The House Appropriations Committee voted Thursday to give the Securities and Exchange Commission $1.5 billion, more than $200 million less than the $1.7 billion requested in President Barack Obama’s fiscal year 2017 budget.
Obama’s fiscal 2017 budget request is an increase of $176 million, or 11%, from the agency’s 2016 budget.
Rep. Ander Crenshaw, R-Fla., stated during the Thursday markup of the bill by the full committee that “no agency has received so many increases over the years as the SEC.”
Said Crenshaw: “We give them [the SEC] additional money in our bill for IT [information technology] and to do some economic analysis so they understand the impact their rules are having on the community and can withstand judicial review.”
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SEC Chairwoman Mary Jo White “is moving the SEC in the right direction — prioritizing enforcement and protecting investors, and not doing politically charged rules and regulations,” Crenshaw said. “We’ve kept the SEC at a reasonable [funding] level.”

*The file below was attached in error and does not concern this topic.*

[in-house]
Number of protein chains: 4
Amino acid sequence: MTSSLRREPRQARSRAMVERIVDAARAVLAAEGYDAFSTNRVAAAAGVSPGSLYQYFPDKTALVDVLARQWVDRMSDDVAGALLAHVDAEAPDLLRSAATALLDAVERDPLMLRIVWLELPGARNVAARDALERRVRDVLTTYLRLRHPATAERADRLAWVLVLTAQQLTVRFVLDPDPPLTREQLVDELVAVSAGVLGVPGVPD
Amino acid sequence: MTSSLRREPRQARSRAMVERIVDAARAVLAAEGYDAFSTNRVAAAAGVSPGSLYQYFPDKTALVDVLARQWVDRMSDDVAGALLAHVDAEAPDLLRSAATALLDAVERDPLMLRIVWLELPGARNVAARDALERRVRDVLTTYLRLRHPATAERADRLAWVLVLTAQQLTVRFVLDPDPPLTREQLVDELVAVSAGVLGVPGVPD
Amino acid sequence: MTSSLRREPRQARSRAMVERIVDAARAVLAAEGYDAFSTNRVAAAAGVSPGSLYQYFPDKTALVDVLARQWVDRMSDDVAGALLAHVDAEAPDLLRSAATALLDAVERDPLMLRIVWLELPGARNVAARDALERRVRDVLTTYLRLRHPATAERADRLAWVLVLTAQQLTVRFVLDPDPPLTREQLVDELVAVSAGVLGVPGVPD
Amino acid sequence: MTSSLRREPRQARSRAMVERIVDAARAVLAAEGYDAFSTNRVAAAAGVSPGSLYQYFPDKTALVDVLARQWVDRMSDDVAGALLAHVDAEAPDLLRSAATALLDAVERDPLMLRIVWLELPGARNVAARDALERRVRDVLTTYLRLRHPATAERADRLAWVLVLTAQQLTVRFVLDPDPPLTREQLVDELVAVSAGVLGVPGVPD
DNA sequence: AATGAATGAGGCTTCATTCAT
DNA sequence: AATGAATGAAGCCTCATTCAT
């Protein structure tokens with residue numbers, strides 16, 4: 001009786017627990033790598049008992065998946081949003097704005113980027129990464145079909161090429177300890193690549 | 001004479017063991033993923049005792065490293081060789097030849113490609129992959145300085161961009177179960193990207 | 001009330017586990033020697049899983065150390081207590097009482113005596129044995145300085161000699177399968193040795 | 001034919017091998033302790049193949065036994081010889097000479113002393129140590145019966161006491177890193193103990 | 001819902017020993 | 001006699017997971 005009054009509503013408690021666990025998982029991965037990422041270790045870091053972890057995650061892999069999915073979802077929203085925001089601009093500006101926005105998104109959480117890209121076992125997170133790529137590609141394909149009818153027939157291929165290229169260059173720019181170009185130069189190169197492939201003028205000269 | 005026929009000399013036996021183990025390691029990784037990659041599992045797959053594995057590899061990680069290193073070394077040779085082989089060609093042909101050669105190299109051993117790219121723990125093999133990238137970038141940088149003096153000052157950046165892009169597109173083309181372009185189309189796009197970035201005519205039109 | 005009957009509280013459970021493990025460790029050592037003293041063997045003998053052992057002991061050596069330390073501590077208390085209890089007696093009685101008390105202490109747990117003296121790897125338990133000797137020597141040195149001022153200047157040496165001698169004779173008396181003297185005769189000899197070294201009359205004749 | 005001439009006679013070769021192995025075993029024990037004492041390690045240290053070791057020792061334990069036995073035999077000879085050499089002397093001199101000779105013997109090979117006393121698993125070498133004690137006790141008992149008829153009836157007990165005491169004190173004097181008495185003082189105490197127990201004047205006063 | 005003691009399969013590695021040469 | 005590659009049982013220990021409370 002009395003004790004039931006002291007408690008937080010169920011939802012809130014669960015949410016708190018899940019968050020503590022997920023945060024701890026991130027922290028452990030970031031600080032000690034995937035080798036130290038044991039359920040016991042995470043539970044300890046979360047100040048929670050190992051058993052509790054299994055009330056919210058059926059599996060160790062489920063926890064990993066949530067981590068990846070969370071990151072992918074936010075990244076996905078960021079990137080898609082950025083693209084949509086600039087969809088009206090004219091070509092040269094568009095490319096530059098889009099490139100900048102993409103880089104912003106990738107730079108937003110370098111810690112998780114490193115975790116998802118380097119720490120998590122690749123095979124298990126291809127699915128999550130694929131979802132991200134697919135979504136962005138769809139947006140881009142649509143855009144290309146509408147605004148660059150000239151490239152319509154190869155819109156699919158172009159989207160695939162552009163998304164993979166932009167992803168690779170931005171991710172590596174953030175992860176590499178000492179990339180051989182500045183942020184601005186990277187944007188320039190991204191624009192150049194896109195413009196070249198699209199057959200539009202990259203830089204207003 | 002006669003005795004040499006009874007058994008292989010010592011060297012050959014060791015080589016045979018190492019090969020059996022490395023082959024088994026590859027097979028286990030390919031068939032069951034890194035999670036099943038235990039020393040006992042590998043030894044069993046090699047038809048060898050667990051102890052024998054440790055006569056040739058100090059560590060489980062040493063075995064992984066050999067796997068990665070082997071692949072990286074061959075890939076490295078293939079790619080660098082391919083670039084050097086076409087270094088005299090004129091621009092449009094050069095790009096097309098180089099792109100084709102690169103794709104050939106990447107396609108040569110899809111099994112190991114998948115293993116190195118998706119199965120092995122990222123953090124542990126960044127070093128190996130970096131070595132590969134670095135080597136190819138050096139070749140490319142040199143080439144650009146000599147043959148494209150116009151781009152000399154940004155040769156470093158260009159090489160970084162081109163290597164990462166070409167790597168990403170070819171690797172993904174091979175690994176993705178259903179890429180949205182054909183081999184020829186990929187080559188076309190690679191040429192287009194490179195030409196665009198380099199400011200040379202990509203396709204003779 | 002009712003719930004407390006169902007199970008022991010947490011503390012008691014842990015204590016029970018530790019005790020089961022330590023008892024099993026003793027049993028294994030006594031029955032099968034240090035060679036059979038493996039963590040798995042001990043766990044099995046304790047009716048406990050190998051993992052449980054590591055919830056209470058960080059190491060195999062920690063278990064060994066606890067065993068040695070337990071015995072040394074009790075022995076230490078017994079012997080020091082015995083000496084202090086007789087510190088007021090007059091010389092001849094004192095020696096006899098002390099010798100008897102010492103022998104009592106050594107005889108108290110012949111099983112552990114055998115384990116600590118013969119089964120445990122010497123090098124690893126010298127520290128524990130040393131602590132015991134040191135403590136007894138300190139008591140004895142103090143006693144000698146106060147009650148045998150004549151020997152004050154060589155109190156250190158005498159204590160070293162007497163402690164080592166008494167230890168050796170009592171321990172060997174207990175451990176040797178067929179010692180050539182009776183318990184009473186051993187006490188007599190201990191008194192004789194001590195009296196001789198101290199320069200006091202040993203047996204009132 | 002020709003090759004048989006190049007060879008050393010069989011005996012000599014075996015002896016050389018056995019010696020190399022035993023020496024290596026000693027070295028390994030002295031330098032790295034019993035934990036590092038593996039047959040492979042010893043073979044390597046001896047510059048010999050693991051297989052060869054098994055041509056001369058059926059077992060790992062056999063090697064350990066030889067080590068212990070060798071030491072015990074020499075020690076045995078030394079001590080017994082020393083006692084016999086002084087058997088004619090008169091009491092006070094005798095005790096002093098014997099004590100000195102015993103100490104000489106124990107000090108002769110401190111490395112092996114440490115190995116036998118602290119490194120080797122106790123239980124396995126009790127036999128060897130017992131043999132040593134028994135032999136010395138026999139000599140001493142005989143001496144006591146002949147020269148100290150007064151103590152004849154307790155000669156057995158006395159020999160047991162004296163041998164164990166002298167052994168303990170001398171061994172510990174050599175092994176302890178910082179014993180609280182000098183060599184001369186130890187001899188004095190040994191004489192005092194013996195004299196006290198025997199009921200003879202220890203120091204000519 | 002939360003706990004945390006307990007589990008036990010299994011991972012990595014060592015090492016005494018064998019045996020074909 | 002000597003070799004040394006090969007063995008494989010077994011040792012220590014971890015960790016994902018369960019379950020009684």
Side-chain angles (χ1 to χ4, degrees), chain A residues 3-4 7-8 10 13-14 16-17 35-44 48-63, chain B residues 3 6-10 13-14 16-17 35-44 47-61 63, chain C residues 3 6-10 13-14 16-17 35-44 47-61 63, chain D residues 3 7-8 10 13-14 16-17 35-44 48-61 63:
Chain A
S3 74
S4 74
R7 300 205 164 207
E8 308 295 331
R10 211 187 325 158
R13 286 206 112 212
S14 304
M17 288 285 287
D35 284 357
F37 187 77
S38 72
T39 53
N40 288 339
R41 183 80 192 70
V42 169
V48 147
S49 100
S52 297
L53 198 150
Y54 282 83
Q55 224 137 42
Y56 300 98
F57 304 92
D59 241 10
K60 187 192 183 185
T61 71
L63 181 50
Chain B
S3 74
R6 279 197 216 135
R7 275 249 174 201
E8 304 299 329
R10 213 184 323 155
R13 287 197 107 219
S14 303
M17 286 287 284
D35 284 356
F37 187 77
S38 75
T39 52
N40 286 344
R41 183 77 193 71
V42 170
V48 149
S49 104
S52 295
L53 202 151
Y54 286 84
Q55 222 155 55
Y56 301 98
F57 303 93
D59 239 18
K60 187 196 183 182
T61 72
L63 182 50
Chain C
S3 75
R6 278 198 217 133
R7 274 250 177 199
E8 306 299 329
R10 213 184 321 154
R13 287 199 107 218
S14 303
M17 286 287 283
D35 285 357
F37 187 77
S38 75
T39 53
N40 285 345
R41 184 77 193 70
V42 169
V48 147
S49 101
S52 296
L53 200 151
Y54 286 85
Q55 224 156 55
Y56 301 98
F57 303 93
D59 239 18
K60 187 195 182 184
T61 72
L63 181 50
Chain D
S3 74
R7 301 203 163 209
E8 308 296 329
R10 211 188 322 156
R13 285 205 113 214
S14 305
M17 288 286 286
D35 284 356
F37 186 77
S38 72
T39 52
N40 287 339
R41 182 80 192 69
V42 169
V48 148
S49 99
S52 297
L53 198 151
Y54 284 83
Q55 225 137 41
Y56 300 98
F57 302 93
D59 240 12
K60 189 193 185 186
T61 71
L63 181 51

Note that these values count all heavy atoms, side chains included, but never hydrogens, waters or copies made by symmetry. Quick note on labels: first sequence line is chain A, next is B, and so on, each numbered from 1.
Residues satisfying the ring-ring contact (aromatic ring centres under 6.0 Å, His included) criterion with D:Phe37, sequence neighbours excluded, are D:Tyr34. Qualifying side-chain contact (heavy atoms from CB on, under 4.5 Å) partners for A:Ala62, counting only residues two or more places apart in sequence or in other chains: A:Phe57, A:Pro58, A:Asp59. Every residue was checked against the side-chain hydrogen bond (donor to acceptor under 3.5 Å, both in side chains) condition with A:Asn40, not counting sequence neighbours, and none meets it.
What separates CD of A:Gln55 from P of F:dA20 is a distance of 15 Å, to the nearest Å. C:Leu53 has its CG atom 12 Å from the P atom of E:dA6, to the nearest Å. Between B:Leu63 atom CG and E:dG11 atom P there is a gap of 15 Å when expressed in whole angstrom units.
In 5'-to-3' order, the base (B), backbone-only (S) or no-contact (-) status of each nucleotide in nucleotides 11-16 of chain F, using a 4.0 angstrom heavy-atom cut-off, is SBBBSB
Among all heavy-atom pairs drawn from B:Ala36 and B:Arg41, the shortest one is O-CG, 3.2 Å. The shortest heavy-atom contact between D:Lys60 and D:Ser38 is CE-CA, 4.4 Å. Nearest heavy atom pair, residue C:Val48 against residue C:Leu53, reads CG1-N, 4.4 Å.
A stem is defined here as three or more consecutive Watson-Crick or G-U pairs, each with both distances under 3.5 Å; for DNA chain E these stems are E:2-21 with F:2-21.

An amendment to bring SEC funding back up to Obama’s FY2017 budget level was defeated during the markup.
The Senate Appropriations Committee has yet to set a date to consider its financial services funding bill.
White told the Senate Appropriations Financial Services Subcommittee on April 12 that the agency would use $14.7 million of Obama’s $1.781 billion fiscal 2017 budget request to enhance the agency’s cybersecurity controls, specifically to secure the agency’s data and “what companies provide to us.”
Securing the boost in funds under Obama’s budget would allow the agency to continue to add examiners to focus on cybersecurity issues as well as investment advisors, she told lawmakers.